GVU Center Brown Bag Seminar: Designing for Mutual Aid: Lessons Being Learned During COVID-19
One effect of COVID-19 is that mutual aid has come to the fore as a means of responding to a crisis. By mutual aid, we broadly mean practices of cooperative care. While mutual aid is often interwoven with formal systems of care provided by the government and the market, mutual aid is distinct because it is voluntary, reciprocal, and informal. Furthermore, mutual aid is often opportunistic, exemplifying a bricolage approach to services. These characteristics of mutual aid are quite different from our familiar contexts of design.
In this talk I will first provide a broad overview of mutual aid, setting it in the context of post-capitalism and diverse communities economies. I will then discussion an ongoing mutual aid project in Atlanta, which was developed in response to the COVID-19 crisis, in order to provide groceries to residents in need. I will the reflect on emerging lessons learned from this project, which effect how we approach design, and offer new themes for consideration for both research and practice.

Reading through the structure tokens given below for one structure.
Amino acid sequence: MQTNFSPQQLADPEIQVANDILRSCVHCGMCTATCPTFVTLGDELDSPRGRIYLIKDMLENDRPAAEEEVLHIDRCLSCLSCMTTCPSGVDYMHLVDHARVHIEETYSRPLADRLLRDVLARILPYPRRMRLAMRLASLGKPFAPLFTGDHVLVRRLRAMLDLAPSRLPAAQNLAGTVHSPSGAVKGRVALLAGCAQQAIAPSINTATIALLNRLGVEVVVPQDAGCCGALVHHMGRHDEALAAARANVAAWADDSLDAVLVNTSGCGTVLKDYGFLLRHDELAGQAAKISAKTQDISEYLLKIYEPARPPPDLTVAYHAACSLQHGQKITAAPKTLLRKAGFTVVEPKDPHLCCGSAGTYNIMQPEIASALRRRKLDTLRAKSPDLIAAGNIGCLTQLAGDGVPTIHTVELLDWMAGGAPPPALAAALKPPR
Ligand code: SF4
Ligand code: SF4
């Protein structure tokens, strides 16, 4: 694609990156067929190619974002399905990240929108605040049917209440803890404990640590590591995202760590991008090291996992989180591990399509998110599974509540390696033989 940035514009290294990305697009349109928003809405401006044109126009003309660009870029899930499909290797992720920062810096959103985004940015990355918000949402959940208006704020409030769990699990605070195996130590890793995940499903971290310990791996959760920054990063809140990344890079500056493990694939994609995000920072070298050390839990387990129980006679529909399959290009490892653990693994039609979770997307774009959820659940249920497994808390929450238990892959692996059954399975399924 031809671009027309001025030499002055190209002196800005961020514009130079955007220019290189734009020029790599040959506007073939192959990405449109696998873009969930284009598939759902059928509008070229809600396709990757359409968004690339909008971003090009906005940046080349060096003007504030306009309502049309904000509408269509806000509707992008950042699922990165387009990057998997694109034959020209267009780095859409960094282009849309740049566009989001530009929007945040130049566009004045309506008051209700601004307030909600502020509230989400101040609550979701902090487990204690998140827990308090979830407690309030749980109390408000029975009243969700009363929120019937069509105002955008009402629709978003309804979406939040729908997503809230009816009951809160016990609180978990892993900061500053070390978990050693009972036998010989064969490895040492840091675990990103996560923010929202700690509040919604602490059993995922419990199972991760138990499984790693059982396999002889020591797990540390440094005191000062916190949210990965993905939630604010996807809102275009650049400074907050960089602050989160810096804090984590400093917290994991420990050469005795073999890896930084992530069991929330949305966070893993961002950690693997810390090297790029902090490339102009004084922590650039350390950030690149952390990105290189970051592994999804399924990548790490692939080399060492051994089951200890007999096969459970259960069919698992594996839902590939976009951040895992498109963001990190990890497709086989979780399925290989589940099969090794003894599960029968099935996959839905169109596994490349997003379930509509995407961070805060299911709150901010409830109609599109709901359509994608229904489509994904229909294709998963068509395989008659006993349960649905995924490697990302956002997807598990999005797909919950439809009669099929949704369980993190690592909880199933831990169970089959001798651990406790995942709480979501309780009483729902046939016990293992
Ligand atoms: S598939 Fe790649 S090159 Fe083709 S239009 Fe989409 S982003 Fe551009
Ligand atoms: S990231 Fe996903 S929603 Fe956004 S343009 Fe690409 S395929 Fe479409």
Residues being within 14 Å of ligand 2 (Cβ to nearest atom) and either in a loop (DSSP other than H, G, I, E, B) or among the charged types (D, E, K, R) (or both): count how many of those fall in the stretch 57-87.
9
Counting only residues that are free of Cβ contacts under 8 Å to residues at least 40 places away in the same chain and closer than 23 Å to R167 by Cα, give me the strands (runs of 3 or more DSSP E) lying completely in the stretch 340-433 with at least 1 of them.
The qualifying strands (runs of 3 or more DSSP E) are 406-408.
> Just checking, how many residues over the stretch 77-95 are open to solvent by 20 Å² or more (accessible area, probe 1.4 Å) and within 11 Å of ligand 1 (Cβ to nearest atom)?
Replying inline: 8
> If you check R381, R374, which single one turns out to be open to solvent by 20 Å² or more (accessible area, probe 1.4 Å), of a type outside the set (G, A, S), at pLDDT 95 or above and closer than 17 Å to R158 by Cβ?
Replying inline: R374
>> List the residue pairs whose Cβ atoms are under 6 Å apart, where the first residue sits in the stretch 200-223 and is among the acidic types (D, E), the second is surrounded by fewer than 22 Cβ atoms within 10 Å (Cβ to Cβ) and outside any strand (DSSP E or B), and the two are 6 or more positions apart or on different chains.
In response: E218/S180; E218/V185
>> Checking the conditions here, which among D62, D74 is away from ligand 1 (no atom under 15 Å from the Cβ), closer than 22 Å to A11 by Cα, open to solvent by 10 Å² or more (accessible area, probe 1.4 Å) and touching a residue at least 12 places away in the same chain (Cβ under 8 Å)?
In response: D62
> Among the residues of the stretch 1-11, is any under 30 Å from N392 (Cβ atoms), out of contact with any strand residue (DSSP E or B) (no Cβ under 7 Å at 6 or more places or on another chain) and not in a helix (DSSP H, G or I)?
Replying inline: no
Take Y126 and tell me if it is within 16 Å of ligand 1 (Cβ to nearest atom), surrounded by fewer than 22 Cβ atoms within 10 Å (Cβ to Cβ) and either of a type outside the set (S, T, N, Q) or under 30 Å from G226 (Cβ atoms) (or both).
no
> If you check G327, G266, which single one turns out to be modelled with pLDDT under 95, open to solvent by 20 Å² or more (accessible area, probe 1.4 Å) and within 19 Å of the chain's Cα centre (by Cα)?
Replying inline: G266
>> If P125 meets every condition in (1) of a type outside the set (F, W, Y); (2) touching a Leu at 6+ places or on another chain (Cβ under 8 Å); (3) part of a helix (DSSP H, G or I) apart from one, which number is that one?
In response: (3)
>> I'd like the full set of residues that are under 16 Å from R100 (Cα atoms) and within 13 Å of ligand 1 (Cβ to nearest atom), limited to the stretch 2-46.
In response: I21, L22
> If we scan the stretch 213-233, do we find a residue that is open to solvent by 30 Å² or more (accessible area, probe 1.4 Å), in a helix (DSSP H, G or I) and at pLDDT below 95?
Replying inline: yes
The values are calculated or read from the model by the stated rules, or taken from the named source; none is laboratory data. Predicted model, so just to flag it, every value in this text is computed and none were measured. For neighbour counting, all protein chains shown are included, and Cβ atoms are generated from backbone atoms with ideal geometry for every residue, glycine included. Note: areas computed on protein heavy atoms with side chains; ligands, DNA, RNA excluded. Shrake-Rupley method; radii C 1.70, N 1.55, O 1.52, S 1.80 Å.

Carl DiSalvo is an Associate Professor at the Georgia Institute of Technology, with appointments in the School of Interactive Computing and the School of Literature, Media, and Communication, and he directs the Experimental Civics Studio. His work combines design, the social sciences, and the humanities to explore the social and political qualities of computing. He is committed to engaged scholarship and partners with communities, civil society, government, and industry throughout his work. In addition, DiSalvo is a co-editor of the MIT Press journal Design Issues, and through the journal, he works to broaden contemporary discussions of design theory and criticism.